Depending on which part of the industry in which you operate, the media and marketing landscape may look pretty buoyant still But one of the top media investment analysts sees a very different story looming.
According to Pivotal’s Brian Wieser, the biggest marketers are now spending less in a drive to cut procurement costs – and that could affect the mood at upcoming Cannes Lions.
“We’re seeing that play out through depressed spending growth, certainly in the last quarter,” Wieser tells Beet.TV in this video interview.
“It’s going to be a year of pretty tepid growth. For the media owners, those who are concentrated with large marketers, national TV … I actually forecast slightly negative growth this year.”
What lays behind the bearish forecast? It’s not just the gravitational pull of Facebook and Google. Rather, Wieser sees a confluence of both procurement cost cuts and a new approach to accounting.
“Marketing procurement drives everything, especially when it come stop large brands these days,” he says. “They need to drive costs down one way or another. That got much more aggressive in the last year.
“Layered on top of that is zero-based budgeting, (which means) ‘forget about what ever you (spent) last year, let’s look at everything from scratch’. It necessarily tends to mean lower spending on marketing and paid media.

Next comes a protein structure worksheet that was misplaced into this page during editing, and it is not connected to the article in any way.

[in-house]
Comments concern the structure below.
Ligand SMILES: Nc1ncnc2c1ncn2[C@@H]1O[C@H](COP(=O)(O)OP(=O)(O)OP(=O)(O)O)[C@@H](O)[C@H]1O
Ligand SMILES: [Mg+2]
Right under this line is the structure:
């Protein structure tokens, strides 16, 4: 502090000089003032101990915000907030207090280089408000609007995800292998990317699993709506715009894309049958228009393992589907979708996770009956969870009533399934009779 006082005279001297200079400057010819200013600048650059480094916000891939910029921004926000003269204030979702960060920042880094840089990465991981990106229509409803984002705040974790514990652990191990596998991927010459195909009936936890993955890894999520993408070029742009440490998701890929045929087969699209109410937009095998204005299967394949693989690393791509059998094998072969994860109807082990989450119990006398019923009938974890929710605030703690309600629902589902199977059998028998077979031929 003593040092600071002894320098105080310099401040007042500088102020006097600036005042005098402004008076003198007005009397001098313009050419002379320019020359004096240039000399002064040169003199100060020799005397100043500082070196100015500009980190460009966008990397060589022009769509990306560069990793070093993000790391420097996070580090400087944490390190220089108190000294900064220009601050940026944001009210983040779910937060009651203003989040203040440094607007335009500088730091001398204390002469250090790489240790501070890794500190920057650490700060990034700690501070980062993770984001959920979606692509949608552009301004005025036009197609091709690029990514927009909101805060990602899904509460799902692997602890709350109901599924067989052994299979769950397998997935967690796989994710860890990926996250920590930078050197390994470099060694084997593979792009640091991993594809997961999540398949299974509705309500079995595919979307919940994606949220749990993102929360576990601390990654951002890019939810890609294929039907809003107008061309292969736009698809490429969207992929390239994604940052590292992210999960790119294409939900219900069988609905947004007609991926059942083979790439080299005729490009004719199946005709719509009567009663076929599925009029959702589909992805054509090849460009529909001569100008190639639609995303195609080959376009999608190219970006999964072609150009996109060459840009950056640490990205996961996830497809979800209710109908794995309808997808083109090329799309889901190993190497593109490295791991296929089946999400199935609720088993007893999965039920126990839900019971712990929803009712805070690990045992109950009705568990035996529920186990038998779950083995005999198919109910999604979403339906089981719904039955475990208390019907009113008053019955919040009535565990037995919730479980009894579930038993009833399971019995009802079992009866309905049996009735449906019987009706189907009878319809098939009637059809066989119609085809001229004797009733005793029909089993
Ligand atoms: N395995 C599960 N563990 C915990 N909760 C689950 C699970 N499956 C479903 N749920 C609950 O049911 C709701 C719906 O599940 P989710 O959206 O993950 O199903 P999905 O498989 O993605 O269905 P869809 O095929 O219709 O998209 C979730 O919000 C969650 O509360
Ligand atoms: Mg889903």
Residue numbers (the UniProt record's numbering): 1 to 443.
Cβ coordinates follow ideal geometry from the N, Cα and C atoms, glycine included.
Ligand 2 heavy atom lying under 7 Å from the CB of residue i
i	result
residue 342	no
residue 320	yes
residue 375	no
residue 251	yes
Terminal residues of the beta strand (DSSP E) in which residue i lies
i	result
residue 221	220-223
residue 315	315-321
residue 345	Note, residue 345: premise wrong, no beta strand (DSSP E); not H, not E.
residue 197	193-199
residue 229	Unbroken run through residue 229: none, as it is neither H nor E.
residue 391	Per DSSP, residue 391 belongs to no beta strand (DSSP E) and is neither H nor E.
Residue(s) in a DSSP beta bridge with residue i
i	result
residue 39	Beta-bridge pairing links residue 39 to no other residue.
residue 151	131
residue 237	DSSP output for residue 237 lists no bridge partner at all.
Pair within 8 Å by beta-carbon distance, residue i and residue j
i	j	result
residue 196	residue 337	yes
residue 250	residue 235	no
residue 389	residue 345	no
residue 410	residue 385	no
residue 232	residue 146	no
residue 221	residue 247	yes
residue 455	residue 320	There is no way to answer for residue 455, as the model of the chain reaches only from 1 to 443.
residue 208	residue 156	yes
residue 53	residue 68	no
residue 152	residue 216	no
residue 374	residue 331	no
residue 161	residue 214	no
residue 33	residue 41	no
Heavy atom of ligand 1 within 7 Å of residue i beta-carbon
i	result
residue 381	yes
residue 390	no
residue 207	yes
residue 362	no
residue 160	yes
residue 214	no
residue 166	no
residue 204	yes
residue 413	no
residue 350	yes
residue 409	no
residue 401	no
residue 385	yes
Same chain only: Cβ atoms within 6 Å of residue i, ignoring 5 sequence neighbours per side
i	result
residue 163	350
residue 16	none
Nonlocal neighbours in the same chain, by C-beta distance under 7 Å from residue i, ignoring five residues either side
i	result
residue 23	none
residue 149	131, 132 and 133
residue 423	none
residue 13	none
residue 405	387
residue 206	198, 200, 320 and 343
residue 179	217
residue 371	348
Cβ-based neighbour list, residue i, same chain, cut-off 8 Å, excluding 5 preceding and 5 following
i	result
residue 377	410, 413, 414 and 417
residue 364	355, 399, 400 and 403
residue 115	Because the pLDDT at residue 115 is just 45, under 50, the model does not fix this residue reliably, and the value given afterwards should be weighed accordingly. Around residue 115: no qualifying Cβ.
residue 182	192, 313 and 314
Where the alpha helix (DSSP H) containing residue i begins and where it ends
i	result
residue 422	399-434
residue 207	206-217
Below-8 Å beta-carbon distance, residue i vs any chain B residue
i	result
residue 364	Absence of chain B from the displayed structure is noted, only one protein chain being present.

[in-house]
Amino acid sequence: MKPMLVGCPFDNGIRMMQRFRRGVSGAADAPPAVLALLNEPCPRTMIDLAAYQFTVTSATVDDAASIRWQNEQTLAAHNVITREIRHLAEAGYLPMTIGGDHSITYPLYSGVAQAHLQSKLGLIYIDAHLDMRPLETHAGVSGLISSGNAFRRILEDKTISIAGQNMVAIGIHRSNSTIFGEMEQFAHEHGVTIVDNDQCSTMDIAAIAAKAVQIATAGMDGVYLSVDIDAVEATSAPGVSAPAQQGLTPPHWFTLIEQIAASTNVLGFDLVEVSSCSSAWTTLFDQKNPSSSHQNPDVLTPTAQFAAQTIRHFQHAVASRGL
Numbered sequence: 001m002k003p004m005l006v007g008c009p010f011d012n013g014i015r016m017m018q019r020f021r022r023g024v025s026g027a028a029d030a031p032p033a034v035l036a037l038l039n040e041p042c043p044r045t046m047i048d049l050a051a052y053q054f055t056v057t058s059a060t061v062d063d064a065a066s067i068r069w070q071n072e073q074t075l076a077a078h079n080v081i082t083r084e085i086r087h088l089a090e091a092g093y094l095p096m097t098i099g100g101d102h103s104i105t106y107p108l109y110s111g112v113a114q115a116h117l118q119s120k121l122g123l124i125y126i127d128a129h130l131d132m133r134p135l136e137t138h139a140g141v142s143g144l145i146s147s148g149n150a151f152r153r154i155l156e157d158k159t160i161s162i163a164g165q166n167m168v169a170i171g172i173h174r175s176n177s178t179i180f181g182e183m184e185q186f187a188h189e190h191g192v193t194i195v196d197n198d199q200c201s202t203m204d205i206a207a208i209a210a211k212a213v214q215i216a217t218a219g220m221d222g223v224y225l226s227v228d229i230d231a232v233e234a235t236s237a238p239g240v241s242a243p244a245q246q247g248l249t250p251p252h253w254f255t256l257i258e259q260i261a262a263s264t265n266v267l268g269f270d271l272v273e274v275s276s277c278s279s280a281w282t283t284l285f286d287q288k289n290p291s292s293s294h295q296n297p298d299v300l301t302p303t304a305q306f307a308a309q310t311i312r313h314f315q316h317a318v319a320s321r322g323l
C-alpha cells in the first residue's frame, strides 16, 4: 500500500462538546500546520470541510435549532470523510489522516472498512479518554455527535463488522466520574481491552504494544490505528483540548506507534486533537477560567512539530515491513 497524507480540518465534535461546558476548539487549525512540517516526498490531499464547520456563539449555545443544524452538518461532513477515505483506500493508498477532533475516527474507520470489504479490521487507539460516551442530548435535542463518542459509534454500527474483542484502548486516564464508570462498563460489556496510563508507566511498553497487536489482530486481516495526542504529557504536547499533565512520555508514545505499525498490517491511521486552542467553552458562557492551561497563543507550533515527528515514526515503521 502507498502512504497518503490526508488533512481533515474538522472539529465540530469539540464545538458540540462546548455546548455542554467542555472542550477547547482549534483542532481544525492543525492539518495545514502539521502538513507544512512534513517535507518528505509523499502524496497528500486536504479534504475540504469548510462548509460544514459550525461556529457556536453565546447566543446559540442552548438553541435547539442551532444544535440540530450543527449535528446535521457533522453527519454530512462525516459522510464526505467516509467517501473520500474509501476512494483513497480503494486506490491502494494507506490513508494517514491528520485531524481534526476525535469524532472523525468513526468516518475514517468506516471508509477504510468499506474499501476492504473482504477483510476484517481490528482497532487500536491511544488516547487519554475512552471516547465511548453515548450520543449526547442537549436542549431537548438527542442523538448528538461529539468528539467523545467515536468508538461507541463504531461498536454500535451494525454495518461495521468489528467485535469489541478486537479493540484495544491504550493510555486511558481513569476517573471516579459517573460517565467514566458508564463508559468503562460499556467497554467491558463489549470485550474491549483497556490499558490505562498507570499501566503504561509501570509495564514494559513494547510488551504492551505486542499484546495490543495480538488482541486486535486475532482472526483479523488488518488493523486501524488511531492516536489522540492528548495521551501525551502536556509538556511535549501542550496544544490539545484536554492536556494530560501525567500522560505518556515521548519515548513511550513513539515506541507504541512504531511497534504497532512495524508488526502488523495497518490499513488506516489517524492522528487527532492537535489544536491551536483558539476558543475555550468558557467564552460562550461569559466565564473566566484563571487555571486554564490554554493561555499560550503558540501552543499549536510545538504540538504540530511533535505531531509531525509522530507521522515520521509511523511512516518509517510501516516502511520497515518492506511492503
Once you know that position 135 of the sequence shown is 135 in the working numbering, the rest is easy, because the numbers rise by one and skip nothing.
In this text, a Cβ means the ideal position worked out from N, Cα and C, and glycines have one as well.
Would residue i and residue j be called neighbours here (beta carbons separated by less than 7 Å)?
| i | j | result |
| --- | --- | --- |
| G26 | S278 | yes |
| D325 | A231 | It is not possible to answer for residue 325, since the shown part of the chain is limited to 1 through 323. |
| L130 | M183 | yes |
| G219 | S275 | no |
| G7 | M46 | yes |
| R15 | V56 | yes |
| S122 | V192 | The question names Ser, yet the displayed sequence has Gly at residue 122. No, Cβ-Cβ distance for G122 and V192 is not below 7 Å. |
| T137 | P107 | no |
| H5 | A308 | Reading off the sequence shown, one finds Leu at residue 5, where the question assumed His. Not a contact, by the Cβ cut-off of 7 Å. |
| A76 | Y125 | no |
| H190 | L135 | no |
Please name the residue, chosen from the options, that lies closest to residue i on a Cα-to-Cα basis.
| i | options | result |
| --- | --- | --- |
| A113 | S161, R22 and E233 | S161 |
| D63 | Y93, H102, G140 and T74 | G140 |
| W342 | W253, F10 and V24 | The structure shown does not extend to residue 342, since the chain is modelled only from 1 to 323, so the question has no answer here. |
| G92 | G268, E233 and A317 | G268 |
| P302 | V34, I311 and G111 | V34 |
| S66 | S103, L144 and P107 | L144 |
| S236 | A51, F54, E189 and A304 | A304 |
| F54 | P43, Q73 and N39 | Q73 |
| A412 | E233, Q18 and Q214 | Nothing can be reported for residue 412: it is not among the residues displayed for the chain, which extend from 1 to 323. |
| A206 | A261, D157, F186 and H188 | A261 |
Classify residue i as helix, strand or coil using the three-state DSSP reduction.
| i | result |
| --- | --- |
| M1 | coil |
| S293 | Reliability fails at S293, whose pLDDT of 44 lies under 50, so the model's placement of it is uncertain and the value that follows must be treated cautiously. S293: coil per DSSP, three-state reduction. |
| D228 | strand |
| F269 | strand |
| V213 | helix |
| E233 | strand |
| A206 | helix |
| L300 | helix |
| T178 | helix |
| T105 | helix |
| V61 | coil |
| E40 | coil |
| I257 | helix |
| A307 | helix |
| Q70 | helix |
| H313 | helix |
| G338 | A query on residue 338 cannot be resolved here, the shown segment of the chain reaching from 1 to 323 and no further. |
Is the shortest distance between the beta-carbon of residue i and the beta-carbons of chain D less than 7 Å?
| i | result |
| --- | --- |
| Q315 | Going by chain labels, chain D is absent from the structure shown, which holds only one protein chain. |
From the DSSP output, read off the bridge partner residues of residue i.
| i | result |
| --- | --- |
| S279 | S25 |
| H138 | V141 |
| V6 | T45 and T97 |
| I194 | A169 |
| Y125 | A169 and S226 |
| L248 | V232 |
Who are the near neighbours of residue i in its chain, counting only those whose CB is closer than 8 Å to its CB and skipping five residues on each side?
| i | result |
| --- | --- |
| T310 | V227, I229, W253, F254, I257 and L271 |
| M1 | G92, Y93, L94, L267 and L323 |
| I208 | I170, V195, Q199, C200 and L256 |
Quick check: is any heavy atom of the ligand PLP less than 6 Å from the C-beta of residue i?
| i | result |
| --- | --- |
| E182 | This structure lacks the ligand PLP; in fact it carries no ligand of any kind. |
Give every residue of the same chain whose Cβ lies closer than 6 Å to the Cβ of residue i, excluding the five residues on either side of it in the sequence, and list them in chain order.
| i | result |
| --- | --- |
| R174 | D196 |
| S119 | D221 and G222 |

“The two things coming together are having a really negative impact on the growth of the industry. It is having a depressive effect on all media in general. The shadow over the industry is going to continue for the foreseeable future.”
So Wieser expects a “sour mood” to descent on the upcoming Cannes Lions, the ad industry’s annual celebration of creativity in the south of France.
Last week, the Wall Street Journal also reported ad agencies are cutting costs, as “most ad holding companies are facing political and economic uncertainties, soft first-quarter earnings results and spending cuts by their clients”.
It says WPP wants to spend 25% less on Cannes attendance, Interpublic plans to shave 10% off its Cannes budget, while Dentsu Aegis is curtailing hiring and pay, citing “market weakness” and “clear signs of a slowdown.”
We interviewed him last week at the LUMA Partner’s annual Digital Media Summit.